Chimpanzees give distinct grunts when they find different types of food—such as apples—and other chimpanzees understand the meaning of those grunts.
But when scientists brought together two separate groups of chimpanzees, both of which had different grunts for apples, they uncovered the first evidence that chimpanzees can change the structure of those grunts based on social interactions.
For the study, researchers integrated a group of adult chimpanzees from Beekse Bergen Safari Park in the Netherlands with the resident chimpanzees at Edinburgh Zoo in 2010. After three years, the researchers found that the Beekse Bergen group had altered their apple calls to make them very similar to the calls of the Edinburgh group.
Listen to the apple grunts
The researchers made acoustic recordings of grunts produced in response to apples before integration in 2010, then after integration in 2011, and again in 2013.
In 2010, Frek (a Dutch chimp) has very high pitched grunts (audio file 1) compared to Lucy (an Edinburgh chimp, audio file 2). However, by 2013, Frek (audio file 3) and Lucy (audio file 4) have become much more similar.
Audio file 1:
Audio file 2:
Audio file 3:
Audio file 4:
“An extraordinary feature of human language is our ability to reference external objects and events with socially learned symbols, or words,” says Katie Slocombe of the psychology department at the University of York.
“These data represent the first evidence of non-human animals actively modifying and socially learning the structure of a meaningful referential vocalization.”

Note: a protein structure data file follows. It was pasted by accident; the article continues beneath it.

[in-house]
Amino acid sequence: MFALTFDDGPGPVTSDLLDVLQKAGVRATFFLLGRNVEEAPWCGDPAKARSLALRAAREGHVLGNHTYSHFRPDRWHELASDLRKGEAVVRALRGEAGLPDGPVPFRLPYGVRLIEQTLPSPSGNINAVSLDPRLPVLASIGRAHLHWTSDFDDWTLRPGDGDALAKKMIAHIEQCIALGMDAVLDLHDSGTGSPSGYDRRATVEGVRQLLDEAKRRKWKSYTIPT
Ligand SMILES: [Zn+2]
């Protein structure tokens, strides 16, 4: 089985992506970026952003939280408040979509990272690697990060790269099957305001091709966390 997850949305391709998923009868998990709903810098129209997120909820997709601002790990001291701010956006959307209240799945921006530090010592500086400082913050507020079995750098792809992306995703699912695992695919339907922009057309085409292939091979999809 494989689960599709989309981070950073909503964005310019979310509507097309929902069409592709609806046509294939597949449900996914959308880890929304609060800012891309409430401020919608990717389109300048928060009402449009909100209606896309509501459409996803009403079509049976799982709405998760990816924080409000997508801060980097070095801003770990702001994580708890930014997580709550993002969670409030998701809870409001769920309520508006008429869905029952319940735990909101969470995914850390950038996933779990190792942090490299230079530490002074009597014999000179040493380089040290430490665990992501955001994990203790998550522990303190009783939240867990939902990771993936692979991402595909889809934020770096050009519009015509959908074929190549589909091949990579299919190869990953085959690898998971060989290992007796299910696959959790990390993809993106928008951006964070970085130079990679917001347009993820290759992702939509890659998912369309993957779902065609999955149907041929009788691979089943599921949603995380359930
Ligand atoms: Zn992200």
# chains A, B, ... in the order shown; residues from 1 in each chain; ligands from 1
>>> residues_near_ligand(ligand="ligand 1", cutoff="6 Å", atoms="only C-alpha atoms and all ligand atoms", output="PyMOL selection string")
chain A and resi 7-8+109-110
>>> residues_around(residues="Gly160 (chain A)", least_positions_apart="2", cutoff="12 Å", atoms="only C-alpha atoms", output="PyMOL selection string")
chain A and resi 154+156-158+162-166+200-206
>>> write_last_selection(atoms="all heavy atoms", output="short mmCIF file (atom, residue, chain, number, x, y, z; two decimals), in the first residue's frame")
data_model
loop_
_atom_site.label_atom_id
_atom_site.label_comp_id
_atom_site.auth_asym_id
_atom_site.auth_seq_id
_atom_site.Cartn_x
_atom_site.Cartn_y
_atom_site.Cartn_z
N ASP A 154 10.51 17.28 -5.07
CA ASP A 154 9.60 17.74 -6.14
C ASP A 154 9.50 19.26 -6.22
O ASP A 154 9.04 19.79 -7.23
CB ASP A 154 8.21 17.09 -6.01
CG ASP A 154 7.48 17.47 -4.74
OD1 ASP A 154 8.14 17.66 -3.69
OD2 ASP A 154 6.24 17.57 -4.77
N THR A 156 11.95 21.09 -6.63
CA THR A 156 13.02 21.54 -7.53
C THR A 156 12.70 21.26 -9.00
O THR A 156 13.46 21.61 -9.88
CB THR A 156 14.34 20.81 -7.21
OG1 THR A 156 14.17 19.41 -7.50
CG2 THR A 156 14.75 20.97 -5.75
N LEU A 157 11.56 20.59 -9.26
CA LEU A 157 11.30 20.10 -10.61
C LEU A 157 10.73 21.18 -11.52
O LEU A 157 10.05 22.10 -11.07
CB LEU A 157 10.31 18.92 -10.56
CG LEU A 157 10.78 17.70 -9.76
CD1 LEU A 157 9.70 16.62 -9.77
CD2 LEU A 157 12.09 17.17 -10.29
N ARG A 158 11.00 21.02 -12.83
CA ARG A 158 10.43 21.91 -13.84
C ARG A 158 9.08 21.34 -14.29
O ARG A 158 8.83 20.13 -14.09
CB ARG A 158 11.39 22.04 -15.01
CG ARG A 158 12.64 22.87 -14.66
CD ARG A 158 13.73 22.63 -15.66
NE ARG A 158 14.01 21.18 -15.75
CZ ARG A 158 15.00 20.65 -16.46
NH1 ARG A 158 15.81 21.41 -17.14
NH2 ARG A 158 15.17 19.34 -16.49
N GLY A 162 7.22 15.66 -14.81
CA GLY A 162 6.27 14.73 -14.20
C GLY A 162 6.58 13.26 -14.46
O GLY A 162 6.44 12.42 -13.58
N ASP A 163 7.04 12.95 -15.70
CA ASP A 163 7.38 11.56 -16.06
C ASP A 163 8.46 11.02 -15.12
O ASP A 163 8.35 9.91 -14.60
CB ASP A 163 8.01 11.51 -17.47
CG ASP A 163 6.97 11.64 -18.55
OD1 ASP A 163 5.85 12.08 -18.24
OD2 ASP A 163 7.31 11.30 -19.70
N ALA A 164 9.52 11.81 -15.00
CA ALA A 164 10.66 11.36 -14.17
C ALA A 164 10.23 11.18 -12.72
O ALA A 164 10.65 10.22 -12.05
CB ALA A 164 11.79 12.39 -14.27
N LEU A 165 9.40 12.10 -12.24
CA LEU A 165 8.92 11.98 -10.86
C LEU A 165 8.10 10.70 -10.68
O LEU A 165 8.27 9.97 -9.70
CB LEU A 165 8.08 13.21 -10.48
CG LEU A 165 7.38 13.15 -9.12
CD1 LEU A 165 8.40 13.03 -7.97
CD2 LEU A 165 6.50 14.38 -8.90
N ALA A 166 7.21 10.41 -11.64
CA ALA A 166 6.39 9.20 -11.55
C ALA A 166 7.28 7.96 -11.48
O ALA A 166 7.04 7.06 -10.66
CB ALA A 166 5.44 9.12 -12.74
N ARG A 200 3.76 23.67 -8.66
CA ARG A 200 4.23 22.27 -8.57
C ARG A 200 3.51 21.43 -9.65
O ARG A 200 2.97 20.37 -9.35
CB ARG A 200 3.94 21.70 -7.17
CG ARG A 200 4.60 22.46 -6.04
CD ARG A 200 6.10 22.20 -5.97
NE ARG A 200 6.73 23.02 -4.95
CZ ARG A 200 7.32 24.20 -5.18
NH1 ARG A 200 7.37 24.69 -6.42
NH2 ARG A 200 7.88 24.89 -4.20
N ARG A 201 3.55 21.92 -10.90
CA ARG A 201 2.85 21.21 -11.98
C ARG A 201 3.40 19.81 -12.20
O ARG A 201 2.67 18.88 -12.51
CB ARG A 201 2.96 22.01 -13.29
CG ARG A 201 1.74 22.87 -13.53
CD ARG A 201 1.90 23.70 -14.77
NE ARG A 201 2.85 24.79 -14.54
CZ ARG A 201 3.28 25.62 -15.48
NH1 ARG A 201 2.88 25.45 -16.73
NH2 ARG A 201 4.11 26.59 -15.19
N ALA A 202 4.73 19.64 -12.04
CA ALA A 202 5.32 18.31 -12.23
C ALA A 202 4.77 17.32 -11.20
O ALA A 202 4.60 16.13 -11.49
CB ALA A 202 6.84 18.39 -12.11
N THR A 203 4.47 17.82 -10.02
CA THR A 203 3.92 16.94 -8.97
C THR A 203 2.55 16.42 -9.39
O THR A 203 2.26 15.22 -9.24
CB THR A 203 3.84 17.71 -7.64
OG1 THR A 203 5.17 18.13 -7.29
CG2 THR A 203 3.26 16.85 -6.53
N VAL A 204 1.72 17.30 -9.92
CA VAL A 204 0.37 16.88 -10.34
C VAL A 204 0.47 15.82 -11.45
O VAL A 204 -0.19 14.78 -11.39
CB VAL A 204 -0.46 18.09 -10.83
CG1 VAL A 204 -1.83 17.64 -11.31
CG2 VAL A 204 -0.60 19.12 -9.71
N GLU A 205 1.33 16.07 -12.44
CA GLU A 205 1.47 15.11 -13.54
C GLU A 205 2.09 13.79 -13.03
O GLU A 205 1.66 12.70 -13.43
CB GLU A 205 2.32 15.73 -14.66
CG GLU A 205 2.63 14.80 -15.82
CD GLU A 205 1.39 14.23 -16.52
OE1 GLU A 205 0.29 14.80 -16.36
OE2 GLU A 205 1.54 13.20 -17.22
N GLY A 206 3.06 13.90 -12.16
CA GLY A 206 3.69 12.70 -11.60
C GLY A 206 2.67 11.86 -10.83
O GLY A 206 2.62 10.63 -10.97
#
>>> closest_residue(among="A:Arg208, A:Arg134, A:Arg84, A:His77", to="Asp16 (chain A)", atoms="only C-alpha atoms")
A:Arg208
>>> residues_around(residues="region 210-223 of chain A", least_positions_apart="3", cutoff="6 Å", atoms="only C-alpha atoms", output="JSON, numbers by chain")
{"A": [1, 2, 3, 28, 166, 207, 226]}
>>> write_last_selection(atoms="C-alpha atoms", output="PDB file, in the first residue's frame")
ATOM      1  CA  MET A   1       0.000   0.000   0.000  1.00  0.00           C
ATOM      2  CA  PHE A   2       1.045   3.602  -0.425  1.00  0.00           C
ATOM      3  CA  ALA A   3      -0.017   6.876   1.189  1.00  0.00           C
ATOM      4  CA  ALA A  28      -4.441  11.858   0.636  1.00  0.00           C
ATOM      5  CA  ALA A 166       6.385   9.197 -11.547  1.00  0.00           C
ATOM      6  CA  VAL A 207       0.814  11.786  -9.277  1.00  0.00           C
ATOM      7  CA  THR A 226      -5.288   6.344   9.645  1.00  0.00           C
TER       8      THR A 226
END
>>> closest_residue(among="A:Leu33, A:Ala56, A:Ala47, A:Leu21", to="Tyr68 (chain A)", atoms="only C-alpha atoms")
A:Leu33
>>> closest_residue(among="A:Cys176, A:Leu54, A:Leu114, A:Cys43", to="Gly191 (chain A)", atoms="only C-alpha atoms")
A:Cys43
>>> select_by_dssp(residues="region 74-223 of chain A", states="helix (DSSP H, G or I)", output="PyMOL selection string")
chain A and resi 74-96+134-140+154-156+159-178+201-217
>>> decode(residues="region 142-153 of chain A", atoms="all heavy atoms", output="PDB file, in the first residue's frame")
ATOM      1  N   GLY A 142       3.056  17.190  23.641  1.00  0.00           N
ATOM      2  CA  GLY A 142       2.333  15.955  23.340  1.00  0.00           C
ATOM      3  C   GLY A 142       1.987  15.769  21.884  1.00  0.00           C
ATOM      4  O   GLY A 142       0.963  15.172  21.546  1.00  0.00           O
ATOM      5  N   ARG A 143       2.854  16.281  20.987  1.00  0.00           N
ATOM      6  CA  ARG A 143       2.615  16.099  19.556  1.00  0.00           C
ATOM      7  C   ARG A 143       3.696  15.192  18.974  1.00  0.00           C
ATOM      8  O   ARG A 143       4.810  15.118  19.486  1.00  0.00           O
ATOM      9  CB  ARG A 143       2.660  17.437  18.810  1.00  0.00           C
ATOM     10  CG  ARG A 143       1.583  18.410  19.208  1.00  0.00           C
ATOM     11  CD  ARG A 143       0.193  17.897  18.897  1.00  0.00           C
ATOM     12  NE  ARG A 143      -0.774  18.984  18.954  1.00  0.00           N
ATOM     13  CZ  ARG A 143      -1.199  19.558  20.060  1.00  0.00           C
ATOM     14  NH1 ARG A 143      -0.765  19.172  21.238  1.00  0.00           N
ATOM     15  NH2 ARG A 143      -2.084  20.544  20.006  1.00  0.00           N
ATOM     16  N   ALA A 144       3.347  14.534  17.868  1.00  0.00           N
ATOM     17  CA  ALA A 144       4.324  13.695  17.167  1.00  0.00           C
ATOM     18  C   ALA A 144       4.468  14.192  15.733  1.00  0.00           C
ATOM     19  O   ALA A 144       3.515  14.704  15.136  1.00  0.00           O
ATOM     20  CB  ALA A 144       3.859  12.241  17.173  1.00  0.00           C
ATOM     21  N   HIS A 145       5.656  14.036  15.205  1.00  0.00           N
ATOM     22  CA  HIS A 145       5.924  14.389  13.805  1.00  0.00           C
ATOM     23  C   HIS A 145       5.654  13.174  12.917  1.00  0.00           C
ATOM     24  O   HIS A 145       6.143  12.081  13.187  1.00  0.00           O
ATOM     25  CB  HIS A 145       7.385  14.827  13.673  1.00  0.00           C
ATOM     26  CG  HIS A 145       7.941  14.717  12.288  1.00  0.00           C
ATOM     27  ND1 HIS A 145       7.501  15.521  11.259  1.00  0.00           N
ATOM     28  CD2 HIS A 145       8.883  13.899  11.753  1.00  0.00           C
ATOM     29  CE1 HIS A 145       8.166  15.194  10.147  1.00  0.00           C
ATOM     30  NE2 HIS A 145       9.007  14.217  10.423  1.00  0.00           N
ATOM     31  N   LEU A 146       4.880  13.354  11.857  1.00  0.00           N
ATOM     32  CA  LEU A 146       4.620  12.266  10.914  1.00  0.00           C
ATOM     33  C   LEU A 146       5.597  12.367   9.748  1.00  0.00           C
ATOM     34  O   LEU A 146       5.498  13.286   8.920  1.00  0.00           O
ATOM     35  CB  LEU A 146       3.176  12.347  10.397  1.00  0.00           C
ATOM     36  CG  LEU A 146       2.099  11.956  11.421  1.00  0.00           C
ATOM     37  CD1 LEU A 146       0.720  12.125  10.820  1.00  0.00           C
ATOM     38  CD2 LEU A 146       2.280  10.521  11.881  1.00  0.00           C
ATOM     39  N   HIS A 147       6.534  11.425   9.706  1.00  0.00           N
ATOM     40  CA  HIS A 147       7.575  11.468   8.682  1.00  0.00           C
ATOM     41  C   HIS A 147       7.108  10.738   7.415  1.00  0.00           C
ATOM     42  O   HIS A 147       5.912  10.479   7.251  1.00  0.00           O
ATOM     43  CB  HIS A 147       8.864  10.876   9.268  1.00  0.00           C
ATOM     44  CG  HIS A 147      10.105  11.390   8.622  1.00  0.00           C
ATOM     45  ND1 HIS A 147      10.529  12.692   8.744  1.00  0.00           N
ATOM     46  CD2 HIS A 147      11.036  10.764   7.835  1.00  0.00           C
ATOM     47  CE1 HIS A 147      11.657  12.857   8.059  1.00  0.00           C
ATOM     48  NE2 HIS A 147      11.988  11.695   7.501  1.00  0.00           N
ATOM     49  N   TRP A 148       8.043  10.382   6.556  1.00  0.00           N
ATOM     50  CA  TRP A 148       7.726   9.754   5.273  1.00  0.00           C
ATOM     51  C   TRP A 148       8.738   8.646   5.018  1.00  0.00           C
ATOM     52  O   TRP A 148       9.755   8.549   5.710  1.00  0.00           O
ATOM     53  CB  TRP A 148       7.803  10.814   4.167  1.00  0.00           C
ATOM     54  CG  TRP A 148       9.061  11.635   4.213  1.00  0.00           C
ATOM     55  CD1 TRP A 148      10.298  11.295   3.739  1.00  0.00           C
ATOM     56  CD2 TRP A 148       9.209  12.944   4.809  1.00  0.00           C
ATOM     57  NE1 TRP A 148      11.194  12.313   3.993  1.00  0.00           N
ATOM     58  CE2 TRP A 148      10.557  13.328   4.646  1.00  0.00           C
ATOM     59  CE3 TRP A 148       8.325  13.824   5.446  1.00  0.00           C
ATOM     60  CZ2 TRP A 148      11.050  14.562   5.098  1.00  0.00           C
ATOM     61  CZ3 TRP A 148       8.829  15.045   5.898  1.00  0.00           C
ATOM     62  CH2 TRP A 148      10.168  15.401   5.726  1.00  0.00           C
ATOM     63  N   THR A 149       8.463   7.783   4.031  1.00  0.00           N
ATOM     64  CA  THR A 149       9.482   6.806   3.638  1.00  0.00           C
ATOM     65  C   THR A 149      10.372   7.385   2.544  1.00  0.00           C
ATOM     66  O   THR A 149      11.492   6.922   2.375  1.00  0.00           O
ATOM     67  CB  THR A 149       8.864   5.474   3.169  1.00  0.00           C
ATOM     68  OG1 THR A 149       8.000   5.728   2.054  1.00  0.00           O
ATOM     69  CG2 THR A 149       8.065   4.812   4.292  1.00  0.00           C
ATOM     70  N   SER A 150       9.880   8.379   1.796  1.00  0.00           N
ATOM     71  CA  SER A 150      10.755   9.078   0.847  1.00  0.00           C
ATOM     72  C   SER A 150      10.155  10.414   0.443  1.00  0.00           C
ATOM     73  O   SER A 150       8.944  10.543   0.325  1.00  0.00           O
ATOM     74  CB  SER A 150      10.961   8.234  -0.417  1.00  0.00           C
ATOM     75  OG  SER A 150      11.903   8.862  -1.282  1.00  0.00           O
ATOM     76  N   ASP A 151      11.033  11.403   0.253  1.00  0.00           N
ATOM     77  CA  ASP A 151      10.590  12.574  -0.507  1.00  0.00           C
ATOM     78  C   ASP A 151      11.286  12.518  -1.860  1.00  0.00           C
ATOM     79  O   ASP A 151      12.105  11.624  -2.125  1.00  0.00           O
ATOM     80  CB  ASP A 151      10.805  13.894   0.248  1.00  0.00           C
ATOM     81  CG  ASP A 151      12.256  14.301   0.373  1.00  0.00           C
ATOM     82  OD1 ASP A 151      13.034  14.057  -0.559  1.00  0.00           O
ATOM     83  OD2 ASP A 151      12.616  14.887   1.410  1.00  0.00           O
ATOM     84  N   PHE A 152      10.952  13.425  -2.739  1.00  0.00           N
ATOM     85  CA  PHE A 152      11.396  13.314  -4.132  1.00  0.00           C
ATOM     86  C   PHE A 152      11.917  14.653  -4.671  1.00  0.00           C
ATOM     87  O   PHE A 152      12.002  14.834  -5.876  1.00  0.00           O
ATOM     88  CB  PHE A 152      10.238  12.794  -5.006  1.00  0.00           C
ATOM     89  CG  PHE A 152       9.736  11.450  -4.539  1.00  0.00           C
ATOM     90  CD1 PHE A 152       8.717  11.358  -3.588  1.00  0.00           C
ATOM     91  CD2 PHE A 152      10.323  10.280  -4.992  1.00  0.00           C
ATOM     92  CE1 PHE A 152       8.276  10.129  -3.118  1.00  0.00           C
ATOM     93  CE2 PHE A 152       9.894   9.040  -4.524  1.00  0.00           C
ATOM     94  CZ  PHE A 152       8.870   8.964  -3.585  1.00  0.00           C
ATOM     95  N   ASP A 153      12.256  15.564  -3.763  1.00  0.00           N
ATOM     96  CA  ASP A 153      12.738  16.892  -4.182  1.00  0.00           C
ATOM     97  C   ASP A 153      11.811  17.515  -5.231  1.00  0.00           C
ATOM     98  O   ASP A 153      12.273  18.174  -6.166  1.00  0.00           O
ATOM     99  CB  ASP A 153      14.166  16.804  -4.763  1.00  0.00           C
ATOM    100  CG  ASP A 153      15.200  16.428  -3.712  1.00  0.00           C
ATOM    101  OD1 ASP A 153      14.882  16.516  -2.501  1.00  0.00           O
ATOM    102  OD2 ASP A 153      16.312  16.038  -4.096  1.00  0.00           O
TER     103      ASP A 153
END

Though non-human primates can produce vocalizations, such as alarm calls and food calls, that refer to external objects in the environment, it is generally accepted that their acoustic structure is fixed and a product of arousal state.
Some scientists have argued that an apparent lack of flexible control over the structure of referential vocalizations is a crucial way in which non-human primate vocalizations differ from language.
The new findings, published in Current Biology, challenge this long-standing assumption. The work shows that after integration of the separate groups of chimpanzees, the acoustic structure of the grunts of the immigrant group of chimpanzees converged to be similar to those of the resident group.
The research team found that simply living together for a year and being exposed to the other group’s different calls for apples was not enough to motivate any changes in call structure: it was not until 2013, when social network analyses indicated strong friendships were established between members of the original subgroups, that the call structures converged.
Importantly, the chimpanzees’ preferences for apples remained stable over this three year period, showing for the first time that structure of these referential calls is not simply a product of arousal, and that the structure can be altered independently of preference for the food.
“These findings might shed some light on the evolutionary origins of these abilities,” says Simon Townsend of the University of Zurich and a coauthor of the study. “The fact that both humans and now chimpanzees possess this basic ability suggests that our shared common ancestor living over 6 million years ago may also have been socially learning referential vocalizations.”
Source: University of York